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Heather Lambert (left) grew up moving from home-to-home in the Maine foster care system. Now at age 25 she is hoping to get her High School Equivalency Test and she has been getting help from Literacy Volunteers of Bangor tutor, Jen Montgomery-Rice.
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Bangor literacy tutors helping others overcome the barrier of illiteracy, one life at a time

From filling out job applications and signing school forms to advancing educational goals and becoming an informed citizen, the ability to read and write is essential to participation in society.
Rob Crone, director of nutrition services at Eastern Area Agency on Aging in Bangor, talks about the contents of a box of food available to low-income seniors through the Commodities Supplemental Food Program in Bangor, Feb. 14, 2017.
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Hunger abated after the recession, but not for the elderly, US figures show

The rates of food insecurity among the general population have begun to drop, but among Americans older than 60 that recovery appears to be weaker.
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In business or socially, good manners are the ‘rules of engagement’

Changes in technology, shifts in gender roles and new views on what is considered “acceptable behavior” have meant manners and etiquette have had to also change with the times.
Professional photographer Kari Herer of Yarmouth captured this image of her daughter Thea in 2014, using the camera on her Apple iPhone. Apple is using the photograph this summer in its worldwide ad campaign, &quotShot on iPhone." Here, the image is seen on the side of a building in downtown Dallas.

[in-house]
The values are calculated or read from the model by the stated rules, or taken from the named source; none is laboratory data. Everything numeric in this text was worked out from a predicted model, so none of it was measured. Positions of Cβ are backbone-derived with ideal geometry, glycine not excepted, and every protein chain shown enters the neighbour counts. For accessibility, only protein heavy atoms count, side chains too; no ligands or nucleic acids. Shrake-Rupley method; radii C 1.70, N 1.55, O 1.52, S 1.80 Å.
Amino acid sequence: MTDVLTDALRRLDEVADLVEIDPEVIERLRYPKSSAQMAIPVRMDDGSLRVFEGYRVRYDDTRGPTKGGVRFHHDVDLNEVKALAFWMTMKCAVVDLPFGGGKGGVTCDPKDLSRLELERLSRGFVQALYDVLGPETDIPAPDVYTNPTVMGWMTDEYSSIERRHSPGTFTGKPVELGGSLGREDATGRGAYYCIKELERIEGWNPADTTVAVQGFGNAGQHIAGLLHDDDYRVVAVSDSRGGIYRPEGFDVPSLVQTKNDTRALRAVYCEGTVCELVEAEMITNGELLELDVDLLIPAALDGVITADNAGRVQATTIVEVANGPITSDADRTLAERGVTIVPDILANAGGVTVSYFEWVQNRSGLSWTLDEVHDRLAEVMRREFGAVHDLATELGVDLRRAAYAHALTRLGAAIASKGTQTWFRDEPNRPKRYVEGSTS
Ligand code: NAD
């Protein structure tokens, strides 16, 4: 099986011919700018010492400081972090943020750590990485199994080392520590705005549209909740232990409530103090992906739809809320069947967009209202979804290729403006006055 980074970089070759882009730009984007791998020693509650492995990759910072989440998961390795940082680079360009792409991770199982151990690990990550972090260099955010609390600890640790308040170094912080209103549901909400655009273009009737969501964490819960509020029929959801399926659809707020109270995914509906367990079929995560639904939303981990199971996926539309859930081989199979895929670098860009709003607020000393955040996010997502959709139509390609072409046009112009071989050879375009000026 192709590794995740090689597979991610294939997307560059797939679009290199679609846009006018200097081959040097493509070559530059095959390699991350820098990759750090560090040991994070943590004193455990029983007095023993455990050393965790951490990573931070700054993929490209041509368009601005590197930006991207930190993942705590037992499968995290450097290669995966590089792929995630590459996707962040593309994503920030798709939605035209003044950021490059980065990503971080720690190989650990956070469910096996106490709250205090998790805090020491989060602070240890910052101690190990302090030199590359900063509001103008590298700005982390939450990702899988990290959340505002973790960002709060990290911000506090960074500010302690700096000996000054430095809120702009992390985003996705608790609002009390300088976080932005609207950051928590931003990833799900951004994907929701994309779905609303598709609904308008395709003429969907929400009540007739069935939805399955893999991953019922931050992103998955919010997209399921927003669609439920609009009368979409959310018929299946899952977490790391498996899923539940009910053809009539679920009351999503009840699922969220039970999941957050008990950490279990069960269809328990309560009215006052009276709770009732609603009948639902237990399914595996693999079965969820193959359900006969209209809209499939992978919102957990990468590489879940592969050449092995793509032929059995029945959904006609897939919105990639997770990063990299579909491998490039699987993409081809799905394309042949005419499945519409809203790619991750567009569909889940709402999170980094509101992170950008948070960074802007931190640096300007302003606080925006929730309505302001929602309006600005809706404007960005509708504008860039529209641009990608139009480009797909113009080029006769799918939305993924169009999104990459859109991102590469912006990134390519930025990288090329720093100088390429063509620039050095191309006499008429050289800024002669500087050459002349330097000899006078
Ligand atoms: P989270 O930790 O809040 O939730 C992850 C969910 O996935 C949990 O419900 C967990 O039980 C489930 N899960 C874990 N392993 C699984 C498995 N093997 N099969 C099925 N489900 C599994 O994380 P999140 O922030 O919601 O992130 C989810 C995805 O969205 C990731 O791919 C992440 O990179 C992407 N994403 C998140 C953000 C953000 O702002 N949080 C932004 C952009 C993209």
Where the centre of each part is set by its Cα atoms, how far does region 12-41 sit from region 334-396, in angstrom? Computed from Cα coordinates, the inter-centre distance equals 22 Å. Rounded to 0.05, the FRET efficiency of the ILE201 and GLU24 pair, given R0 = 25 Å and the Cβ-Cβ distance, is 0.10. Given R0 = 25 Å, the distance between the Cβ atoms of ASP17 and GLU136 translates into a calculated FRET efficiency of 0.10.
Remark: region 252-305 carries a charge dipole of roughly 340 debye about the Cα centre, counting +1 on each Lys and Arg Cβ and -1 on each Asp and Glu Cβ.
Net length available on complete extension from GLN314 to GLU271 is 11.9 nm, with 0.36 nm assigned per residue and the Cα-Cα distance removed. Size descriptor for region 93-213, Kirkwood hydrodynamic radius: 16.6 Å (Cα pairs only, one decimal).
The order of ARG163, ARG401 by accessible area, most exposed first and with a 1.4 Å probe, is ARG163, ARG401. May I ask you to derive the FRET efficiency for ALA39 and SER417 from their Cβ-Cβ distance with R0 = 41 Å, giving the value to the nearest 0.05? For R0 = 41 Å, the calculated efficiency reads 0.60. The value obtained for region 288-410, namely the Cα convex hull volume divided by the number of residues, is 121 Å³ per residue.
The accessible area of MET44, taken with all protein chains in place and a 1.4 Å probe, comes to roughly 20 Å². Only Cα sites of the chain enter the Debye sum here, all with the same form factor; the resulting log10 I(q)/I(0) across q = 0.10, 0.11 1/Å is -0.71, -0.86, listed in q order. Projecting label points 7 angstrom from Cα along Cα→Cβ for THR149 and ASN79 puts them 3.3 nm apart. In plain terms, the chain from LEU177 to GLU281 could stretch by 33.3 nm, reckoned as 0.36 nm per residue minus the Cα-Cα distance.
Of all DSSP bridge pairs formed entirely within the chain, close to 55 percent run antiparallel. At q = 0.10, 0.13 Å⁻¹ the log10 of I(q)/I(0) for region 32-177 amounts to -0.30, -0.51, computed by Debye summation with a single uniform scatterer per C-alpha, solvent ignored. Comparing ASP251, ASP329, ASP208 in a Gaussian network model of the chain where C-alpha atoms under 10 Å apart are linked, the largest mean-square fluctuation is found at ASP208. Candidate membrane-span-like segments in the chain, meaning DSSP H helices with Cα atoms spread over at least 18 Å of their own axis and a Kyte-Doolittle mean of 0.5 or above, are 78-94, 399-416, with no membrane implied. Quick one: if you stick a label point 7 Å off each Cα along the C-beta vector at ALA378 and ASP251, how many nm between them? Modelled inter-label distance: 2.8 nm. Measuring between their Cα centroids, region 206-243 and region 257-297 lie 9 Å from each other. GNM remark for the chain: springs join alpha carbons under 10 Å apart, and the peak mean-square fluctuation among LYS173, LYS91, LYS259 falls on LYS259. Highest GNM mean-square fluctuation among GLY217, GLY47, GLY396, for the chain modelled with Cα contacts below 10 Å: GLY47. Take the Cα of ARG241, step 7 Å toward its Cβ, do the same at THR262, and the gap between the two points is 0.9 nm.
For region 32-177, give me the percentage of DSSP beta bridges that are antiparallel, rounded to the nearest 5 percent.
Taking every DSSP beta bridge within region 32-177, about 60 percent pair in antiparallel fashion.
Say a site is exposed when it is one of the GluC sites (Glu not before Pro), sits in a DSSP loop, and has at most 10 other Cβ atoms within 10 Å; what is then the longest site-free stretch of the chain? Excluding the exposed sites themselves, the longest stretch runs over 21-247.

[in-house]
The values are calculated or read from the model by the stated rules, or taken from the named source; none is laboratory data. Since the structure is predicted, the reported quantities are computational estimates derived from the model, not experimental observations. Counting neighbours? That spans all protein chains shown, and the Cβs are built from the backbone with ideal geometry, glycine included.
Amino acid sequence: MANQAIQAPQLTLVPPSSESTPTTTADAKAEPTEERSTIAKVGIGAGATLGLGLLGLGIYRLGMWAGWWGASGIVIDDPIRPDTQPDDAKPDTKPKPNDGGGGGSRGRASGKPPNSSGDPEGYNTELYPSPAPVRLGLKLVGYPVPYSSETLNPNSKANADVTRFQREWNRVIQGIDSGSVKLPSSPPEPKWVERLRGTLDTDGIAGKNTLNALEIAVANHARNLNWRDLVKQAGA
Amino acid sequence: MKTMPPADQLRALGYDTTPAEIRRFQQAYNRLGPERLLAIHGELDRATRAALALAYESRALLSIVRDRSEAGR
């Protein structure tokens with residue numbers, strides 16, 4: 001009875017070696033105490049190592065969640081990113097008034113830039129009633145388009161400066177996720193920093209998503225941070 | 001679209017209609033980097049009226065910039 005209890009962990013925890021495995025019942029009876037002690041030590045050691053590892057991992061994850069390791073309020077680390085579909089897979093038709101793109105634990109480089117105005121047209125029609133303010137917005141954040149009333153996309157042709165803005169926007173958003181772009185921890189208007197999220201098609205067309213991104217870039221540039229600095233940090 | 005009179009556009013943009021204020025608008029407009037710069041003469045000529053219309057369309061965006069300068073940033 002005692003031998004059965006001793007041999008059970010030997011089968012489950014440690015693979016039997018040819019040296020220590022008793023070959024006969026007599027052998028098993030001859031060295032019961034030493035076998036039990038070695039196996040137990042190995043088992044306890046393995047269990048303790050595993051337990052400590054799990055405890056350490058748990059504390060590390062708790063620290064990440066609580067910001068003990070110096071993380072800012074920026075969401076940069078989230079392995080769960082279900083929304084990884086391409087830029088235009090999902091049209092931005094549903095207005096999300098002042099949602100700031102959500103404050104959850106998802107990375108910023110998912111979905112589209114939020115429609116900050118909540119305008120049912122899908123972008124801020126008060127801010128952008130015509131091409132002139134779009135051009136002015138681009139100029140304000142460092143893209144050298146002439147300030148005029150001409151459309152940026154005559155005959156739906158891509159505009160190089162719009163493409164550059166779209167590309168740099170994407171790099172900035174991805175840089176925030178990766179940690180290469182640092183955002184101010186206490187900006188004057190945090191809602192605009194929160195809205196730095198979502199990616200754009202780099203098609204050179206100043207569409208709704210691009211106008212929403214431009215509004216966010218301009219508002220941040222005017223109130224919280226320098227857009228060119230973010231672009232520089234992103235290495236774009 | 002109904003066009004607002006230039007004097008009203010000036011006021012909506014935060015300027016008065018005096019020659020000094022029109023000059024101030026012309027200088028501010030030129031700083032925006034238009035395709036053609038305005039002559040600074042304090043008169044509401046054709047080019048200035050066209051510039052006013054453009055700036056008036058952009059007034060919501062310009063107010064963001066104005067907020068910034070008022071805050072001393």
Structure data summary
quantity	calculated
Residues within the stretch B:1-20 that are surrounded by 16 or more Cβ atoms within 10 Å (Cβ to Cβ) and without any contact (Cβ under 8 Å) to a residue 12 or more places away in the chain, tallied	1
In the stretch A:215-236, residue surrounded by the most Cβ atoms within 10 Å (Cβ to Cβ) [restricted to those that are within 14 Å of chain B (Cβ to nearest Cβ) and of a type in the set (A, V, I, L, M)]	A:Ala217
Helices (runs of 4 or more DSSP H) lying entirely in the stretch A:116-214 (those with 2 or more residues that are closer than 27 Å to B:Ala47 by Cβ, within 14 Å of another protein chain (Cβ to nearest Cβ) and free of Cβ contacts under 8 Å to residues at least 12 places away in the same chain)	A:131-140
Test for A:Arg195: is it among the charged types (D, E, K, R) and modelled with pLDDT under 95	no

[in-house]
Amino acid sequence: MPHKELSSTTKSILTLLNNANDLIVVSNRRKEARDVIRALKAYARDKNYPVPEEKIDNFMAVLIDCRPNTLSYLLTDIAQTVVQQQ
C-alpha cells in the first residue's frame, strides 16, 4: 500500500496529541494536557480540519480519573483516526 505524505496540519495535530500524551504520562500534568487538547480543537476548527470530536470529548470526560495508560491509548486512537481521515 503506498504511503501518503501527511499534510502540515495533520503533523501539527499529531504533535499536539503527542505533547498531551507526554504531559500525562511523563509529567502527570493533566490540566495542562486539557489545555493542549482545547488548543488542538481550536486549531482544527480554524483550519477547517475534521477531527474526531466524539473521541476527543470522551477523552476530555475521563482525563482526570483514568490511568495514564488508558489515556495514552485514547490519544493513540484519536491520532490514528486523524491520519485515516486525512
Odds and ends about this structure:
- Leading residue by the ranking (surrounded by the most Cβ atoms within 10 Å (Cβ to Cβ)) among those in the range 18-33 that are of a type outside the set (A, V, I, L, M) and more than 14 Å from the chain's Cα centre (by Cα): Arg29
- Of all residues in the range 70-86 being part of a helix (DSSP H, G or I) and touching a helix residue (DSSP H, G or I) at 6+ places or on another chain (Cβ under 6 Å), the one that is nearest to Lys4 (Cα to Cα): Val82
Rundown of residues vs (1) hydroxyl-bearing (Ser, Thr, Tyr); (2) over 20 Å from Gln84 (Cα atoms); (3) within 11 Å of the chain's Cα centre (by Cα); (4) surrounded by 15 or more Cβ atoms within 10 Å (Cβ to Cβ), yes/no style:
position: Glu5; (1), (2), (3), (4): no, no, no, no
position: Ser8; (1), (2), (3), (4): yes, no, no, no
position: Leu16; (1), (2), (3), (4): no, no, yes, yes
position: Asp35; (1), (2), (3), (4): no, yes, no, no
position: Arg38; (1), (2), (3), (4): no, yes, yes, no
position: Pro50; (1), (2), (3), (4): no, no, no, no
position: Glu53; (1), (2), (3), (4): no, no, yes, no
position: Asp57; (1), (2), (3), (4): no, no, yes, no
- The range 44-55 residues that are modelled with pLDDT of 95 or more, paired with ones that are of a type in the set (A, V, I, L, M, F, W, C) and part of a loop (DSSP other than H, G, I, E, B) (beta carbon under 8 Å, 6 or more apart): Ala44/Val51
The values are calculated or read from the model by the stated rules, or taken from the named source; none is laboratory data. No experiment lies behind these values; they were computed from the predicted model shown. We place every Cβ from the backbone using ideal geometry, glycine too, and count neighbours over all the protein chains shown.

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How to get beyond ‘point and shoot’ with your smartphone camera

“If you want to take better pictures, it takes a little learning curve. But it’s not hard, and once you do it, you’ll never go back to point and shoot.”
Gary Jarvis at his Hermon home. Gary was diagnosed with amyotrophic lateral sclerosis, or ALS, in 1999 and slowly has been losing the use of muscles in his body.
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Battling the deadly diagnosis of ALS

It started with a slight twitching in Gary Jarvis’ left arm. “Then it moved to my right arm, and I started losing strength in my left arm,” the 77-year-old Hermon resident said. “I knew I had to find out what was going on.”
Certified Healing Touch practitioner Leanne Bishop (top) treats Jennifer Ross, 52 of Holden, at her studio at the Bangor Y. Ross was diagnosed with Stage 4 inflammatory breast cancer last year. She finds that Healing Touch, an energy therapy, reduces her anxiety, enhances her physical energy and promotes a positive outlook as she continues her cancer treatment.
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Cancer patients, caregivers find relief with this hands-on energy therapy

Like Reiki, Healing Touch uses both light touch and off-the-body techniques to promote energy flow in the body, guided by the energy roadmaps of chakras and meridians to ease blockages and congestion.
YOUR COUNTDOWN TO RETIREMENT

Making money in retirement

Looking for ways to boost your retirement income? The answer might not be as complicated as you think.